Key Water Treatment Terms You Should Understand
Knowing the correct terminology for your water treatment systems can help you understand how these systems keep your drinking water safe and clean. You’ll also be able to better explain to technicians when you’re having issues with your existing water systems and know what type of upgrades you should invest in. Continue reading to explore key water treatment terms you should understand.
Most water conditioners are salt-free systems designed to eliminate undesired chemicals that alter your water’s flavor and smell. Some examples of these chemicals include chlorine, chloramines, volatile organic compounds (VOCs), and organic gases. Conditioners can also remove toxic lead from the water.
Hard water contains elevated levels of calcium and magnesium, along with trace amounts of other minerals. These minerals can infiltrate both city and well water sources through geological formations like limestone. Concerningly, hard water can generate unpleasant, uncomfortable, and costly problems, such as unsightly stains in sinks and tubs. It can also lead to excessive water bills as water appliances put more effort over time to function with mineral buildups obstructing them.
You use the pH (potential hydrogen) scale to determine the solution’s degree of alkalinity or acidity. Numbers less than 7.0 signify acidity, whereas numbers more than 7.0 reflect alkalinity.
According to EPA guidelines, the pH of drinking water should be between 6.5 and 8.5. However, depending on where you reside, tap water in the United States can be lower than that, ranging from 4.3 to 5.3.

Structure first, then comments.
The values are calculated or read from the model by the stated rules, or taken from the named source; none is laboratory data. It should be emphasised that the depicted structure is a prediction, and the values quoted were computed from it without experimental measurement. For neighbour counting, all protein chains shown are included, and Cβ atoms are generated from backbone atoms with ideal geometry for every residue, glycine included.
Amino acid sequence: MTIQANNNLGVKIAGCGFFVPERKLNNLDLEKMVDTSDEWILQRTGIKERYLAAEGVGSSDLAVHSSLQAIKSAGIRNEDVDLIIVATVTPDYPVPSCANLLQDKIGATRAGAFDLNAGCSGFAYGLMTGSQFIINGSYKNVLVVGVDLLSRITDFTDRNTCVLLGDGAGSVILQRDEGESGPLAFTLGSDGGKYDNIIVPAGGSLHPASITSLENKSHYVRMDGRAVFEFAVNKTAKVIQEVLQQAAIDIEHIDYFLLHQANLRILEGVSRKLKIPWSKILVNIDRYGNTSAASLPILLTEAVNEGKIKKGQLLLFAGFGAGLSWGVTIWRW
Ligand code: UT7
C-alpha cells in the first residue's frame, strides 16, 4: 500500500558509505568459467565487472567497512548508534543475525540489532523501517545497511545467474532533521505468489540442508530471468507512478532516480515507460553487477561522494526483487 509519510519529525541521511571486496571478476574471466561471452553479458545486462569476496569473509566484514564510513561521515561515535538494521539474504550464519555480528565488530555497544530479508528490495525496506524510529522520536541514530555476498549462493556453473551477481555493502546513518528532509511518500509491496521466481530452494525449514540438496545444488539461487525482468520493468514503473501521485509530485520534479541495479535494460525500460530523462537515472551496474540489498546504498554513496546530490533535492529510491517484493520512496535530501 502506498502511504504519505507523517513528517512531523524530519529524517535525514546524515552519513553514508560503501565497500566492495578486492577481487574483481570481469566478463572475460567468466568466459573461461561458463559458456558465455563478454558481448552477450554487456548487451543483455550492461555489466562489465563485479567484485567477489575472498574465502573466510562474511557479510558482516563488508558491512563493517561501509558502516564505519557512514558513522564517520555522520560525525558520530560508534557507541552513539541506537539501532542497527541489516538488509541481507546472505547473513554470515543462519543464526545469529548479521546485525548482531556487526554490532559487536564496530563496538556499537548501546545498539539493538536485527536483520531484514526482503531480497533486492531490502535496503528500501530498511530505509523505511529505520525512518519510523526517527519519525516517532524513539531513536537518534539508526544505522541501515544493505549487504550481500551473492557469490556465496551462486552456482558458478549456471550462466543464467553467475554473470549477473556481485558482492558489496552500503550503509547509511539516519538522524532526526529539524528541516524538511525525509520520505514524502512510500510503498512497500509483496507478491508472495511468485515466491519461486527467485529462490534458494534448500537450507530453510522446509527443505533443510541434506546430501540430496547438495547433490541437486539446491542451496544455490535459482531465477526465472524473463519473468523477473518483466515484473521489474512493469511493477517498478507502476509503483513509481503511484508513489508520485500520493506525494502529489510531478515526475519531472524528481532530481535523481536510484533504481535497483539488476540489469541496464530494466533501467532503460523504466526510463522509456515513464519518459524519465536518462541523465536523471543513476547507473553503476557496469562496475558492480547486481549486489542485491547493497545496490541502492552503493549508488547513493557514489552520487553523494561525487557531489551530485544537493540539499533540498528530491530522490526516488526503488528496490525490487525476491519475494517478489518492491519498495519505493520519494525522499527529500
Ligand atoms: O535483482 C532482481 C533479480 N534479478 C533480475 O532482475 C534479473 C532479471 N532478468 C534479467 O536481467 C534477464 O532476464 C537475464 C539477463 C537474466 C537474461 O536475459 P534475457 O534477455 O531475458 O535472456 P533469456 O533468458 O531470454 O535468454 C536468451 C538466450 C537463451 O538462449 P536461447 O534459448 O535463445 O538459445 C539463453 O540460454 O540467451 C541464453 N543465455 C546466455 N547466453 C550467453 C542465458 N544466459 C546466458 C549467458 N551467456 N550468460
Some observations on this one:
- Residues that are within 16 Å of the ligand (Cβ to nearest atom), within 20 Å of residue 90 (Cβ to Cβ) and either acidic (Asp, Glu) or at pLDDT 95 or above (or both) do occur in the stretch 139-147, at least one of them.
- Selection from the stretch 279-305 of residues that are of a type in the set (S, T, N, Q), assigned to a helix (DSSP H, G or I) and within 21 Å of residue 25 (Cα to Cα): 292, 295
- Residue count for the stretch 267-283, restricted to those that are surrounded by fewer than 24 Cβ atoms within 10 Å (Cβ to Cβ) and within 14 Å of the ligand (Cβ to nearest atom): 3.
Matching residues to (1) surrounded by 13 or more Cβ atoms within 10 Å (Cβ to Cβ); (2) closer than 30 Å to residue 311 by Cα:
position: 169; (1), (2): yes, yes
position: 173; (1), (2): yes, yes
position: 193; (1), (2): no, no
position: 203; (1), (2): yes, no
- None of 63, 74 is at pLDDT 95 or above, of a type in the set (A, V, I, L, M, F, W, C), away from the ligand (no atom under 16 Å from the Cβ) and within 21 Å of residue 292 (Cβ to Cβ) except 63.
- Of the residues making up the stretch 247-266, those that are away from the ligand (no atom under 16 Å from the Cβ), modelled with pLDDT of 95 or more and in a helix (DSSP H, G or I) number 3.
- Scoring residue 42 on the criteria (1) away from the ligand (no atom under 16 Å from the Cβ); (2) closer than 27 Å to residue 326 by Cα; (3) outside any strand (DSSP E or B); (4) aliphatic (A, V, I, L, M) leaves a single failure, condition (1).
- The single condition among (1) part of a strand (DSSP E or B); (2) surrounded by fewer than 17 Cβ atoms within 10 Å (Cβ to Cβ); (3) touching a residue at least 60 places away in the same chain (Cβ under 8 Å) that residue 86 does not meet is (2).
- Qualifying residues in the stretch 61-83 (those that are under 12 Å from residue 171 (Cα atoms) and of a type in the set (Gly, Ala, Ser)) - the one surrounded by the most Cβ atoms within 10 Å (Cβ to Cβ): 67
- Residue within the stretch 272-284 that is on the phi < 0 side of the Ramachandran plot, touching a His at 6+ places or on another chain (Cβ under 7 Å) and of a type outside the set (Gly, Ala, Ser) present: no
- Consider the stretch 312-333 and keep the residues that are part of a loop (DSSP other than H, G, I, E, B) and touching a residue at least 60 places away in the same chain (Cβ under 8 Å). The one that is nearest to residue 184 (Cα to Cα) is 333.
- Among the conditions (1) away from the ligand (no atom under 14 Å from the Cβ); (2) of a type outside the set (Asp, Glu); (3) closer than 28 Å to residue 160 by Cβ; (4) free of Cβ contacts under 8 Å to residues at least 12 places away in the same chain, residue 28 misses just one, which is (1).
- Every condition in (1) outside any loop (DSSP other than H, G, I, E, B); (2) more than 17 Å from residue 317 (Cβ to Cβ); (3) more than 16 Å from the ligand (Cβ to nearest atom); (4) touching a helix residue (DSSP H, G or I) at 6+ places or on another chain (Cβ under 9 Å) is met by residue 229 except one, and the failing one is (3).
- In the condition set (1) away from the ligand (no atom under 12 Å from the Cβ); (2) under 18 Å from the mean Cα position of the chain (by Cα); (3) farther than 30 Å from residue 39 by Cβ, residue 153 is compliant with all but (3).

Point of Entry and Point of Use
Point of entry (POE) filters are water softener systems that you position directly where water enters your house. They treat all the water flowing into each tap. In contrast, you install point of use (POU) filters on fixtures. For example, you can place a shower filter on a showerhead or an under-sink system in a cabinet beneath a kitchen sink.
A water softener is a filtering device that removes excessive calcium and magnesium from water. Calcium and magnesium get trapped in resin beads inside the softener. The softener then exchanges these for sodium or potassium. Once the resin beads have accumulated enough calcium and magnesium, a highly concentrated salt or potassium solution removes those minerals.
Knowing these key water treatment terms you should understand can help you get the right system for your home. Alamo Water Softeners offers many excellent total water treatment systems that can effectively purify your drinking water. Feel free to contact us with any questions about our products and services.